Follow Emily on twitter @emilyoftexas
Where I am
I live in Alpine, Texas
Tell us a little about you, what is your background & where do you come from?
I was born in Fort Worth, Texas, raised there and in Europe and Asia. Educated at University of Arizona and Texas Wesleyan University.
When did you first start drawing horses?
Since I was a little bitty kid I was obsessed with horses, leased my first one when I was about 12. Mucked stalls and rode in exchange for lessons.
I drew really awful pictures of horses & wrote bad poetry about donkeys since I can remember.
What is your favorite breed?
I’m not much into horses now. I greatly prefer Mammoth Jackstock for riding. I’m much more interested in the personality of a horse rather than the breed.
Do you (or did you) have an animal that is the muse behind your work?
I have a little string of Mammoths- A huge gelding “Chewbacca”, an American Spotted Ass (I love sayin that) “Patty Cake” and a big white jenny, “Ivory” or “Ivy Jean”, depending on how I’m feeling.
They all inspire me- Patty is my age, 39 and wise as wise. She’s a smart ass, sassy and hard-headed and as gentle as they come.
Chewy is kind of a goofball, scared of his own shadow but curious about it at the same time. It took about 6 months before I could touch him with out him shaking all over. I still can’t ride him, but that’s ok. He likes playing ground work games and earning his trust is an on going challenging project.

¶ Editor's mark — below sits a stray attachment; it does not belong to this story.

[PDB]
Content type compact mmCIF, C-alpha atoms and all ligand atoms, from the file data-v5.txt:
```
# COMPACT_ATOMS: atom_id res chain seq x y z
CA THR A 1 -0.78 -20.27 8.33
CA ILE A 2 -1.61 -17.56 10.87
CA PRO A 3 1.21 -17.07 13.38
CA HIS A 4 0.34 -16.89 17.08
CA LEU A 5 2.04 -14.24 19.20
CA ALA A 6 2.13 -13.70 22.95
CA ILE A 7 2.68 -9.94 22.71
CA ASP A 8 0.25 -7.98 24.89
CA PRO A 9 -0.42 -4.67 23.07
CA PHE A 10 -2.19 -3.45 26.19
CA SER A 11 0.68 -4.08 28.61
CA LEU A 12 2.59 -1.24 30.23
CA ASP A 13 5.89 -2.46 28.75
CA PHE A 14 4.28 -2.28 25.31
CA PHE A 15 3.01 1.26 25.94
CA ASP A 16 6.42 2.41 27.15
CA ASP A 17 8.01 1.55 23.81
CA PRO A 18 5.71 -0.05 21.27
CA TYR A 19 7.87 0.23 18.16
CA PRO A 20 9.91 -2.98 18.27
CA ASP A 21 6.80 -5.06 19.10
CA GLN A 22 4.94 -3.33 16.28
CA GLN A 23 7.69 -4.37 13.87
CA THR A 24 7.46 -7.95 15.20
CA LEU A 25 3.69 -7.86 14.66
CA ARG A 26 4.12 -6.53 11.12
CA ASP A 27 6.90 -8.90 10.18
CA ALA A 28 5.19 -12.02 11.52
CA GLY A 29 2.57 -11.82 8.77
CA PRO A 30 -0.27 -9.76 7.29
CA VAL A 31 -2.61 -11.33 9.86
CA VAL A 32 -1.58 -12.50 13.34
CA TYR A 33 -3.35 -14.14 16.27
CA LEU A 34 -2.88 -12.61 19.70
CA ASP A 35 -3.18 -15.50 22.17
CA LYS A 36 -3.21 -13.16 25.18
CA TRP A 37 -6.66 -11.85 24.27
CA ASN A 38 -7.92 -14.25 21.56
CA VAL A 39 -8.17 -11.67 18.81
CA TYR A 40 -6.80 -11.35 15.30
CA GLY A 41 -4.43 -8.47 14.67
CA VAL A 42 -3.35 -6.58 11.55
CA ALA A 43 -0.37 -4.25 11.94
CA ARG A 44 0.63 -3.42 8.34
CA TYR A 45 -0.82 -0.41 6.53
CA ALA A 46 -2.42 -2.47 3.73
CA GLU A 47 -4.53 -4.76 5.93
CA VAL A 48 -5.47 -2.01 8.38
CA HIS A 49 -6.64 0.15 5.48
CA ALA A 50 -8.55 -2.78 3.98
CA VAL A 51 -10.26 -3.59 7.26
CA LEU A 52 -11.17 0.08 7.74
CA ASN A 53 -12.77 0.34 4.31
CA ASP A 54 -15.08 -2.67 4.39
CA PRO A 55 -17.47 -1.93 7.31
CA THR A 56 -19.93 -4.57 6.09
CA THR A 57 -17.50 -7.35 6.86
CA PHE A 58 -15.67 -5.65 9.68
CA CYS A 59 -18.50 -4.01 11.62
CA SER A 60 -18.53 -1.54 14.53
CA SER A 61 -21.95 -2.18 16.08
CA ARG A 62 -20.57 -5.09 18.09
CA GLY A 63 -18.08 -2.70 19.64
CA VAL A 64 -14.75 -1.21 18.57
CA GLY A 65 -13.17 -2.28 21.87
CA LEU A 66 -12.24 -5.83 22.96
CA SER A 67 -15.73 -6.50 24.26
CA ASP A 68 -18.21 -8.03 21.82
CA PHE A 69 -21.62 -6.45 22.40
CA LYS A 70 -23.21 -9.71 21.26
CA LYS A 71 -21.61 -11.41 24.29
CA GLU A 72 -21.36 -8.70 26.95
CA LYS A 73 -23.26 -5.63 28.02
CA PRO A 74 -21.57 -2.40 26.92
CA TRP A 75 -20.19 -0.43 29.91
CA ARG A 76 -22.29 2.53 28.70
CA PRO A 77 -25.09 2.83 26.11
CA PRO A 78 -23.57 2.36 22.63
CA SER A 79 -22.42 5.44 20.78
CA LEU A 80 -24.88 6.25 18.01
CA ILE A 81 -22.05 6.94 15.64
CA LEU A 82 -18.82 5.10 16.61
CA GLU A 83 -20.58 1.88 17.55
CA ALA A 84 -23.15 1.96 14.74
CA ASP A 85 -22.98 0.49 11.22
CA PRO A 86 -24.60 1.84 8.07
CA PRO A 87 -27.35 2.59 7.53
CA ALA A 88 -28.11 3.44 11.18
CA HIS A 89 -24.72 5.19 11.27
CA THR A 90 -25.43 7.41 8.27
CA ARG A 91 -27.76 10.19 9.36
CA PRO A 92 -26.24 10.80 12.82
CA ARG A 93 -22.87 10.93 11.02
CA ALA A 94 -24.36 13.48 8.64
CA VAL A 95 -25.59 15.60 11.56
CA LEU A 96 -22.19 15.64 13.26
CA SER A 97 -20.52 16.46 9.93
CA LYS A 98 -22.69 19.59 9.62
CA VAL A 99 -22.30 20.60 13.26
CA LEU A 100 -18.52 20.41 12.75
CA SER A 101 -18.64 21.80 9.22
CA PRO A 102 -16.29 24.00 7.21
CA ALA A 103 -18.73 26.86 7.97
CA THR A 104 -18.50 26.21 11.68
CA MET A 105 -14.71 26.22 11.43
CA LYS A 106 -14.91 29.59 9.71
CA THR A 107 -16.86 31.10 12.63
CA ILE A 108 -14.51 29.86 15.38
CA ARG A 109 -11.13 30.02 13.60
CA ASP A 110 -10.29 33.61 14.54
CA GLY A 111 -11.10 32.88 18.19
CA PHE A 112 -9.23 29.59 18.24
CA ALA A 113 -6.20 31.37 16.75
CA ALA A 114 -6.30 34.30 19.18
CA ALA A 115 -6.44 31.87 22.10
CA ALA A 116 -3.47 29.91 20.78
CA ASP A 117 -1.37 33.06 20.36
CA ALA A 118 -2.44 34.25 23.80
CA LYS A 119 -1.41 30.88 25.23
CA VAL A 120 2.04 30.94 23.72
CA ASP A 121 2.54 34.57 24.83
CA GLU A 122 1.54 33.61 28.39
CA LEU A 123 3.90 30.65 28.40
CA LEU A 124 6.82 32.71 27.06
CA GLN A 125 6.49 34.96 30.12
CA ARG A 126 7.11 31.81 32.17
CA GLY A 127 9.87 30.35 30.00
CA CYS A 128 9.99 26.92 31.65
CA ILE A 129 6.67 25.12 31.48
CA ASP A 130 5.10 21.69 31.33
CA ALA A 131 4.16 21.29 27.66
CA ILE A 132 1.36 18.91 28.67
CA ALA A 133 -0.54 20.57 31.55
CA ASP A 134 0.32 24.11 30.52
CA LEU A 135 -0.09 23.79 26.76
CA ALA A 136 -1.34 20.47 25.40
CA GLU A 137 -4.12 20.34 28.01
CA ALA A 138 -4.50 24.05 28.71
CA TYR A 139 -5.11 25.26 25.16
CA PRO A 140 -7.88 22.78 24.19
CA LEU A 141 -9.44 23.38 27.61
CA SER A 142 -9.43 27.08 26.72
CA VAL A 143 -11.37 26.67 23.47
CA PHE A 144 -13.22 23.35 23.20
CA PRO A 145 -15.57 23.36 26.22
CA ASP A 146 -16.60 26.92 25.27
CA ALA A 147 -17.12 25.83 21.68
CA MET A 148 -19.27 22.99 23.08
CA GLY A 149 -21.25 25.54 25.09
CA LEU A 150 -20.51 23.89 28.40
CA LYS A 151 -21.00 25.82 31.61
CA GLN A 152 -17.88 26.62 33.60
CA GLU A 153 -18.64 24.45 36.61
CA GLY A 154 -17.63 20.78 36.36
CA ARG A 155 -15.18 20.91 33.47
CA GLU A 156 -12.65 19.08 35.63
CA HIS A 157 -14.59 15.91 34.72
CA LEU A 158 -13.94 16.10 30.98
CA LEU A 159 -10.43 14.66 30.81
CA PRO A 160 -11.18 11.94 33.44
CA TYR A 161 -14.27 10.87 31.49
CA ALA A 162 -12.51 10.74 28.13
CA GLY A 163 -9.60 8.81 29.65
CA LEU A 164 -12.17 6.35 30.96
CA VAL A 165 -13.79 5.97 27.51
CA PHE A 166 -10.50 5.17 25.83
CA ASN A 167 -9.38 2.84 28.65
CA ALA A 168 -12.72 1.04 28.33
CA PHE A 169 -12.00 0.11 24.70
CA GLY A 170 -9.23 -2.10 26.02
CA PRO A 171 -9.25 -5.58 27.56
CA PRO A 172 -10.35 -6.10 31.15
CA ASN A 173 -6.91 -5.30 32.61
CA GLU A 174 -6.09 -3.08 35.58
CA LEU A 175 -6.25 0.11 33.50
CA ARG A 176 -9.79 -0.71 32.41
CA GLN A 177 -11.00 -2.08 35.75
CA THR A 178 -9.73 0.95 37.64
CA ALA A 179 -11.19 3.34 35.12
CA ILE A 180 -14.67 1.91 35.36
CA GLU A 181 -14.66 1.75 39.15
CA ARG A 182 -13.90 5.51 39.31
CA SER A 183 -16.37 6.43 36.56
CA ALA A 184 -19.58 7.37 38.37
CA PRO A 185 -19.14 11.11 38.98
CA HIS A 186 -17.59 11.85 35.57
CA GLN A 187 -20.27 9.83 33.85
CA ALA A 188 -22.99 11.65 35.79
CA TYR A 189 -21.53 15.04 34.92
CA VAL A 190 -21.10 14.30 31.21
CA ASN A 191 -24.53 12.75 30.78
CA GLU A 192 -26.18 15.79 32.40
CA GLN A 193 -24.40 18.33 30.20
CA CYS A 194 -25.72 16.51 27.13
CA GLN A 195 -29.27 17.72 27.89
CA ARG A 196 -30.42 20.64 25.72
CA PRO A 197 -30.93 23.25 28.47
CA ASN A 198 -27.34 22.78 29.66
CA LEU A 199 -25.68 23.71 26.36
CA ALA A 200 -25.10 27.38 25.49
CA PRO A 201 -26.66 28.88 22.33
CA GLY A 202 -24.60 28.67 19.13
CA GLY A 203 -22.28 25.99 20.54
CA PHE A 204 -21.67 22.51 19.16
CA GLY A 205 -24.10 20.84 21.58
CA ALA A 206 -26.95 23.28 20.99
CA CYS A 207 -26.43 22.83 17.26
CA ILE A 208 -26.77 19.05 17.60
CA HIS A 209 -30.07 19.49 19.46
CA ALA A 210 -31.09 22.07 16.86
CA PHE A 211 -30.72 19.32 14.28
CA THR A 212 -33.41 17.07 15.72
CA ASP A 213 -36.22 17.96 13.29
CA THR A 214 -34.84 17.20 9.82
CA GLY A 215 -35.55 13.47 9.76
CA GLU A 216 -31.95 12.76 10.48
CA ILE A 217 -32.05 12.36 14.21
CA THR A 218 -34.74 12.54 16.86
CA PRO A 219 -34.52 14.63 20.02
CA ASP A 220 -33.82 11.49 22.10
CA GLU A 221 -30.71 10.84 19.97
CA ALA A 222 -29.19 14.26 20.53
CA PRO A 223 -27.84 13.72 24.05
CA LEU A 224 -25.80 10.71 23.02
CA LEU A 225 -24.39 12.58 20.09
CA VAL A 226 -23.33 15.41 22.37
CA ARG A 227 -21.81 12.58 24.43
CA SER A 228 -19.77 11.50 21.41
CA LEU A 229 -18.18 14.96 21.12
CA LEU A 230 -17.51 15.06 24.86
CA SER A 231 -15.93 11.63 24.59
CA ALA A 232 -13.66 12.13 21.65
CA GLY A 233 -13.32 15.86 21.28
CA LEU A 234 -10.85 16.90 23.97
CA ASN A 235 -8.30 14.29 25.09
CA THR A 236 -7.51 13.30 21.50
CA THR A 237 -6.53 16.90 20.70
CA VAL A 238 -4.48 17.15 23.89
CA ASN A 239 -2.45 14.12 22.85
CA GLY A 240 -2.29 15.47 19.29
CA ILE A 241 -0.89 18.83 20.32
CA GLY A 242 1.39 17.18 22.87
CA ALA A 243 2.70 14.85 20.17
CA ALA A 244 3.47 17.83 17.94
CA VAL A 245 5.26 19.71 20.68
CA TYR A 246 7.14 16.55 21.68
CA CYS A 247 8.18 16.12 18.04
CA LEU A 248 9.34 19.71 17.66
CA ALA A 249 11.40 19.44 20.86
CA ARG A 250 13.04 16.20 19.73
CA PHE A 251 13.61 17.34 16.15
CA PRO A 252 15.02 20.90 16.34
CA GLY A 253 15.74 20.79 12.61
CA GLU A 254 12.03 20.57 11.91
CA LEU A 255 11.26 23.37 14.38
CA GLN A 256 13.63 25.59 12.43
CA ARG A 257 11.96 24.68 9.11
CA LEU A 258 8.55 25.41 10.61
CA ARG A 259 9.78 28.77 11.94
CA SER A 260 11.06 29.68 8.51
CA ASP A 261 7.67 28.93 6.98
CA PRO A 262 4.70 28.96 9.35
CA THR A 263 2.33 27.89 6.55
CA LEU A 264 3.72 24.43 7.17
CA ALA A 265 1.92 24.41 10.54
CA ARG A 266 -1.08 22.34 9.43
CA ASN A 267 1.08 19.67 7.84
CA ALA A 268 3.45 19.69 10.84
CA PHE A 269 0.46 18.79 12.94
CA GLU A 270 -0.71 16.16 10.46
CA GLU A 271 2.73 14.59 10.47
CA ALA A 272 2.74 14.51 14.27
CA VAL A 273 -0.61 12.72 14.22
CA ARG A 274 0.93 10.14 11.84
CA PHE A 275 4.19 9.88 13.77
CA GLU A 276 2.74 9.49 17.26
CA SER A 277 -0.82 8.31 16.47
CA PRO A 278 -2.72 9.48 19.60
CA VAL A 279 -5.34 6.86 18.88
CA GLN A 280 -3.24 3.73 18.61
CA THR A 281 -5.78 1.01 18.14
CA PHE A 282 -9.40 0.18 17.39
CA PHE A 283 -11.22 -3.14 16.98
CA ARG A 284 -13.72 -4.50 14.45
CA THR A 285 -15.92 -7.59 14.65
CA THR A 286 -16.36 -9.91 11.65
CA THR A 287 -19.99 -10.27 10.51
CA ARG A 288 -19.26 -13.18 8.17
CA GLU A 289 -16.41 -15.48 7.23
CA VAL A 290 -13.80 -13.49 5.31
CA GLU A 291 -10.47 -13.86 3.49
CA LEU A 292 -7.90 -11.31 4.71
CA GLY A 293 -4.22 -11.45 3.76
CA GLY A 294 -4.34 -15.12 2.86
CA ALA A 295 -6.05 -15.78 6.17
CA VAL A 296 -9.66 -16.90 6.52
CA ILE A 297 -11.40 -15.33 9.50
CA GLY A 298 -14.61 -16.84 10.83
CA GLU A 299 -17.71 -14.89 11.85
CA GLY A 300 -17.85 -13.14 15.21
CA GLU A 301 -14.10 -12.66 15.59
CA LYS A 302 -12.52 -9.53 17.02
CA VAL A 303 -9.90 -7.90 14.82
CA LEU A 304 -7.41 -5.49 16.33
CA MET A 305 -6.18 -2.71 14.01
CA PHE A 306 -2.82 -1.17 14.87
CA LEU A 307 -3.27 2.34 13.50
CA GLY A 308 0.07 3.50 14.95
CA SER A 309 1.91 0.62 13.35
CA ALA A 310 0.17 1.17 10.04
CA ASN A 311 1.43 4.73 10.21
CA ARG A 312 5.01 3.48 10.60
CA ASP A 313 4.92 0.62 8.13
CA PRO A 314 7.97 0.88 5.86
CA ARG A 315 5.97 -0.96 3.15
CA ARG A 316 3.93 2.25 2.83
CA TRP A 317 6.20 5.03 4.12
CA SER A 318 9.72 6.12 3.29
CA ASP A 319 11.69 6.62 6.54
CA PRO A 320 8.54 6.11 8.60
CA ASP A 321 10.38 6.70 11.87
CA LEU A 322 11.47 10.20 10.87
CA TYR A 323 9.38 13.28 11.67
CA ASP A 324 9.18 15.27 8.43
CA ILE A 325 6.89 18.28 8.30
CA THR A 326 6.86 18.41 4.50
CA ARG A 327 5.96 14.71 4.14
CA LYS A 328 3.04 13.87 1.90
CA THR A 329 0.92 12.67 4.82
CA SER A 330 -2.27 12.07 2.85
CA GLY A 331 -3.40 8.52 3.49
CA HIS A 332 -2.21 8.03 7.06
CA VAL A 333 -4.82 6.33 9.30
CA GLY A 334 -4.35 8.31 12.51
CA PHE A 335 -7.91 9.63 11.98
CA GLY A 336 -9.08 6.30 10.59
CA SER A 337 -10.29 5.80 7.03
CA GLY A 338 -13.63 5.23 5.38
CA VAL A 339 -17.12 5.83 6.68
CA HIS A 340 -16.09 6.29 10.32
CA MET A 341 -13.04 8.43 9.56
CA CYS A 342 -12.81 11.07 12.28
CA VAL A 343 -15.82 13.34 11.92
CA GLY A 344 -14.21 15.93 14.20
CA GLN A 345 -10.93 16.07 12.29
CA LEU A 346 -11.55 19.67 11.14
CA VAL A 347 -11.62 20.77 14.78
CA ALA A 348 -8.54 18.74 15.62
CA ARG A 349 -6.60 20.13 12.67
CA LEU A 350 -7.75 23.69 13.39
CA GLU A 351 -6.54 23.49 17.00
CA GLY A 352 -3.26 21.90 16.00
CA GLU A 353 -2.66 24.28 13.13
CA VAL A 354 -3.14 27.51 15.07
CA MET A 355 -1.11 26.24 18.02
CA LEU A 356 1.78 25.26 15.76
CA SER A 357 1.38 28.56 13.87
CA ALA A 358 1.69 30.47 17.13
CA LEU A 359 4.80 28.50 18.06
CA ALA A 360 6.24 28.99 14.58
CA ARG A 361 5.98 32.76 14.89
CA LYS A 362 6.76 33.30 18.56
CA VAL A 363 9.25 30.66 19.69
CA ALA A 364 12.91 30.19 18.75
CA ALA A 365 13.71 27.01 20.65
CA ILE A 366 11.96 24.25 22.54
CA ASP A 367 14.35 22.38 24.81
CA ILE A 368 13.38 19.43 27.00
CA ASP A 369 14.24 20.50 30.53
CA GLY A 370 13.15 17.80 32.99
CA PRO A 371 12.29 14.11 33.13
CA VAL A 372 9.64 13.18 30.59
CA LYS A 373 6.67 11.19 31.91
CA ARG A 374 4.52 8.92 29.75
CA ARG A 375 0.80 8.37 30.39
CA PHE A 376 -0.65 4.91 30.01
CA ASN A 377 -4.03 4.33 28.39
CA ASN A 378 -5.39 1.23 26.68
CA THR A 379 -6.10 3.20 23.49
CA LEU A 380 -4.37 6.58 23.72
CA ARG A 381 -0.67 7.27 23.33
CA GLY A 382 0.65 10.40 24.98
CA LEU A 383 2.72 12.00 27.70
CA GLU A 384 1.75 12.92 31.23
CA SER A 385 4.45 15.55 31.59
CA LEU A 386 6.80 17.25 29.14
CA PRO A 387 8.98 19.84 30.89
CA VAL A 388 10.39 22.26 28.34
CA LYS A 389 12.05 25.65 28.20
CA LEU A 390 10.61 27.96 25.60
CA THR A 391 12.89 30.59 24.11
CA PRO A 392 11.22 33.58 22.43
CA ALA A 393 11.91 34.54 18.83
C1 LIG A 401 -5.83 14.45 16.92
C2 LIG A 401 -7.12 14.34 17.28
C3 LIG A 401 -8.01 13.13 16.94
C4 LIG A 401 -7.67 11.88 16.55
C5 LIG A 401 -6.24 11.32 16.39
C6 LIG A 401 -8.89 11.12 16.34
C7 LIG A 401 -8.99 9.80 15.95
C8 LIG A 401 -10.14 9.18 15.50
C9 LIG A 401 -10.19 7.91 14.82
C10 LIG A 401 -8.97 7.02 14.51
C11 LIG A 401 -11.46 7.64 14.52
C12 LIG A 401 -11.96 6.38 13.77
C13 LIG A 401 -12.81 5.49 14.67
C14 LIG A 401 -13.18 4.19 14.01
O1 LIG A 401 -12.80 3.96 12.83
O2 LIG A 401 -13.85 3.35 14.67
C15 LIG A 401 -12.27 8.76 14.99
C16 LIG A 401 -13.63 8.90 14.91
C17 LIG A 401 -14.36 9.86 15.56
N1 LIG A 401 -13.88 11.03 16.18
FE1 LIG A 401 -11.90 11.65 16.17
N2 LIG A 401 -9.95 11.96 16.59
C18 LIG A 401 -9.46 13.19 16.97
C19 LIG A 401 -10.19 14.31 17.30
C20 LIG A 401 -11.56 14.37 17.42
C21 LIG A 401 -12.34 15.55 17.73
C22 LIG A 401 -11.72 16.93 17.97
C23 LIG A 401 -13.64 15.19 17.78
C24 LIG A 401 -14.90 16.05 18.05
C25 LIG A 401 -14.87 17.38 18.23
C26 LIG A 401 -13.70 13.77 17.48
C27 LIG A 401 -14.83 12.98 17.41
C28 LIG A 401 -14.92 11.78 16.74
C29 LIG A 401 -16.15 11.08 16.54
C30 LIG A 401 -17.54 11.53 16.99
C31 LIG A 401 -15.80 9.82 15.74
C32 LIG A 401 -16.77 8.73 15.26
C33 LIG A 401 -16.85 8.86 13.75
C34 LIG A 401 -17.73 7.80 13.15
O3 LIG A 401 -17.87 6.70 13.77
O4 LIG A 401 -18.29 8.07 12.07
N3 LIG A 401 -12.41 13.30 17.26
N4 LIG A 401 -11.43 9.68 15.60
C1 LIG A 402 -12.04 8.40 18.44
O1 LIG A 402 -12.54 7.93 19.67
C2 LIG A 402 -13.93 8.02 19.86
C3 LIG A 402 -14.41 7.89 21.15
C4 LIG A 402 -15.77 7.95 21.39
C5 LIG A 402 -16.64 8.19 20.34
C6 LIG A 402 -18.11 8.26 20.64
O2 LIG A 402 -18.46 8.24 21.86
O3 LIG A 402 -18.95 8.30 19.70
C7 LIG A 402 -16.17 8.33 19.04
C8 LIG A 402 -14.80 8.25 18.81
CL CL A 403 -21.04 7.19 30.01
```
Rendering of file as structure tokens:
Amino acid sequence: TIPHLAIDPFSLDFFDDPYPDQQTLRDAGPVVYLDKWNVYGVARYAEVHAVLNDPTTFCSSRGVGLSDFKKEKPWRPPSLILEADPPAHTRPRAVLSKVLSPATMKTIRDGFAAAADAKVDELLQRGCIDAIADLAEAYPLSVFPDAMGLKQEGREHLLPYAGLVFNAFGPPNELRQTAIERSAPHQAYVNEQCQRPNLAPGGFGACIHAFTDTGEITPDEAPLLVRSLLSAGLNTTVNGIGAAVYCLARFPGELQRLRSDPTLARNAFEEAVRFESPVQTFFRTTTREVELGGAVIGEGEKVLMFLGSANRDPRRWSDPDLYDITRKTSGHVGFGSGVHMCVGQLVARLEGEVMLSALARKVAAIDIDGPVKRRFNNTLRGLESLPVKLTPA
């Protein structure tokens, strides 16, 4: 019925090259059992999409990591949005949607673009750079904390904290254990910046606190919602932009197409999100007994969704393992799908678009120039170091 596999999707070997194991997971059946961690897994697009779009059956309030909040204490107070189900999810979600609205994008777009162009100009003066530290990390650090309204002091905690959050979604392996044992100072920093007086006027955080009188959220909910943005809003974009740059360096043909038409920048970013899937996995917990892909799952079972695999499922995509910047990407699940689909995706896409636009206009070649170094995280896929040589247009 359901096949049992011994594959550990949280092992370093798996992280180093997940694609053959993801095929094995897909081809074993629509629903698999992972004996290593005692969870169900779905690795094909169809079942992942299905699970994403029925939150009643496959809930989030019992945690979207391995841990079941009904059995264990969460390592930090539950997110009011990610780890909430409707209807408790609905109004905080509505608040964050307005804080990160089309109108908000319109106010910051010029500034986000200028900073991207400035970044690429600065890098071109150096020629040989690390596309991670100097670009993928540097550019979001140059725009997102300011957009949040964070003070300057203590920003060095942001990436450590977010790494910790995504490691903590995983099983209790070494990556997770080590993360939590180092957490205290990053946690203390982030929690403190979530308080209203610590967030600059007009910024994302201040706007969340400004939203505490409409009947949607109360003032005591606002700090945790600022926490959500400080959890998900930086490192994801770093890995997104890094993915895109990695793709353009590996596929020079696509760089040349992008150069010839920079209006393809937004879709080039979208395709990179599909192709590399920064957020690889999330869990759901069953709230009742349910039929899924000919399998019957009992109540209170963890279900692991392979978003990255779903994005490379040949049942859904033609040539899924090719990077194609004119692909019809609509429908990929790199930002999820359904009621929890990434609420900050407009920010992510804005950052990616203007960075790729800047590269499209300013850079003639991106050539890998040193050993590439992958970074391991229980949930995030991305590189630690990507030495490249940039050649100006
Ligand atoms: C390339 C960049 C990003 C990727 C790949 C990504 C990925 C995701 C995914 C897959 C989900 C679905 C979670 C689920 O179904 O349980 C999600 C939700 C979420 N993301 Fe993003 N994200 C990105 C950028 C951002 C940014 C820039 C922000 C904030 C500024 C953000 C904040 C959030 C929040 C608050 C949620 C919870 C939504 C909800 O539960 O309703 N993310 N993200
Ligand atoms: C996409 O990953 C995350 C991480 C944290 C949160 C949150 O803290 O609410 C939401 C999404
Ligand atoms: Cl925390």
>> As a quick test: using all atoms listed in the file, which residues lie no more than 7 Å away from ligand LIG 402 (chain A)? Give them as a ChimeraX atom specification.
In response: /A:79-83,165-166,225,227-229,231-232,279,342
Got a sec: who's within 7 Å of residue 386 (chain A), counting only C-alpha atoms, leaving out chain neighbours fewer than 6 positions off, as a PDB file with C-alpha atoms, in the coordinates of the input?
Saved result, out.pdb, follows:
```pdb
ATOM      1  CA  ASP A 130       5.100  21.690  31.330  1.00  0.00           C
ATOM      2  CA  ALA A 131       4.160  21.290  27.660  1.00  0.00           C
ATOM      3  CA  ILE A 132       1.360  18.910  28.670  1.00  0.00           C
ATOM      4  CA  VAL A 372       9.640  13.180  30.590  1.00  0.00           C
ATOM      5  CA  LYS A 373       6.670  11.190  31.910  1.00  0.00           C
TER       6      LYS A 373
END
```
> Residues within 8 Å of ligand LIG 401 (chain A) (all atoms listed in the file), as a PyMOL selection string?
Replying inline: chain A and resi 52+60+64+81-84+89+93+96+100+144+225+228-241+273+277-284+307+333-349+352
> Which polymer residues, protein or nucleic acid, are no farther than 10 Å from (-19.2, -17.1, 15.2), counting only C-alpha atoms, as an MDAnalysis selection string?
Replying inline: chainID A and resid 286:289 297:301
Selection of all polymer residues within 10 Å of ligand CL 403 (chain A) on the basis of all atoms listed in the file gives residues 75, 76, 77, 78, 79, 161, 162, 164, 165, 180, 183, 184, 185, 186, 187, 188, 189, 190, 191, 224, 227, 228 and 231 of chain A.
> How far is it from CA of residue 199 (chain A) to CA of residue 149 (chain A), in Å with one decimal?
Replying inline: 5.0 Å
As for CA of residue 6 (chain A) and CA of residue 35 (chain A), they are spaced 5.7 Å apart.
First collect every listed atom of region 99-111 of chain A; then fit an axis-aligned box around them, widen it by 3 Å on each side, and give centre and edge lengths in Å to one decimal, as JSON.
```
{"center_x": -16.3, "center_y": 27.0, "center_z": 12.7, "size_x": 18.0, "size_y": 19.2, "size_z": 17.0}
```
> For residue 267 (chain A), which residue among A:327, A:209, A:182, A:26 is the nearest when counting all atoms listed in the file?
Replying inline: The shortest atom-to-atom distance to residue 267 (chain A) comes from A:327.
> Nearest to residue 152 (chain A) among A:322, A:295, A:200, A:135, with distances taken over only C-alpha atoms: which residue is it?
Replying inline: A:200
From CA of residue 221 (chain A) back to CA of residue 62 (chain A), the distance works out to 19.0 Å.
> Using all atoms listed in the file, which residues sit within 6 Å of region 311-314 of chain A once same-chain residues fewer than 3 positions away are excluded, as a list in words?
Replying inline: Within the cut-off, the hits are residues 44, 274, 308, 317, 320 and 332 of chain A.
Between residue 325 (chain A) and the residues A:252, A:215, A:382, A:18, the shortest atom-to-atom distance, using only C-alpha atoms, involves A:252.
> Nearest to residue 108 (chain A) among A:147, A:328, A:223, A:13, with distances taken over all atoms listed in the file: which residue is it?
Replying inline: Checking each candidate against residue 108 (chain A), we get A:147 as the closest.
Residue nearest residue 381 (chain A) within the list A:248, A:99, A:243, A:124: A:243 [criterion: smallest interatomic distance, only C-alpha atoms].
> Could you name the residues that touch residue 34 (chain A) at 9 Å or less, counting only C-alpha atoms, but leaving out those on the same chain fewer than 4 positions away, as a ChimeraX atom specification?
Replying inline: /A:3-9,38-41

Ivy Jean is the best damn donkey there is. I bought her only because she was knee deep in her own manure and covered with flies. I figured I’d clean her up and re-sell her. After about three weeks I realized what a jewel she is. I broke her to ride and she does everything I ask willingly and to the best of her ability. She’s a pacer, which makes her awkward sometimes and can make a rider a little sea-sick at the walk. I can put anyone on her now and she does just fine.
Do you have any secret rituals you do to help you get in the zone for your art?
Absolutely not. If I did, they would be secret and I wouldn’t tell you.
Is there a particular place that brings you inspiration?
Far West Texas is the only place I’ve truly felt at home. The landscape here looks like fiction sometimes. I look at something and say if I painted it just like that, no one would believe me.
This is the kind of place that will stop you in your tracks. Just to look at the sky or a rock
Yesterday I saw three little clouds shaped just like 1950’s Hollywood flying saucers. I’m not making this up. My daughter and I pulled up and watched them for a long time. This is the kind of place where I’ve never been in a hurry – I can just stop what I’m doing and look at something for as long as it takes.
Every morning at sun up I’m feeding the animals, thanking God that I get to live here. Aren’t we lucky? I say to my daughter and she says yes, Mama we are and we’ll just look at the mountains and the sky.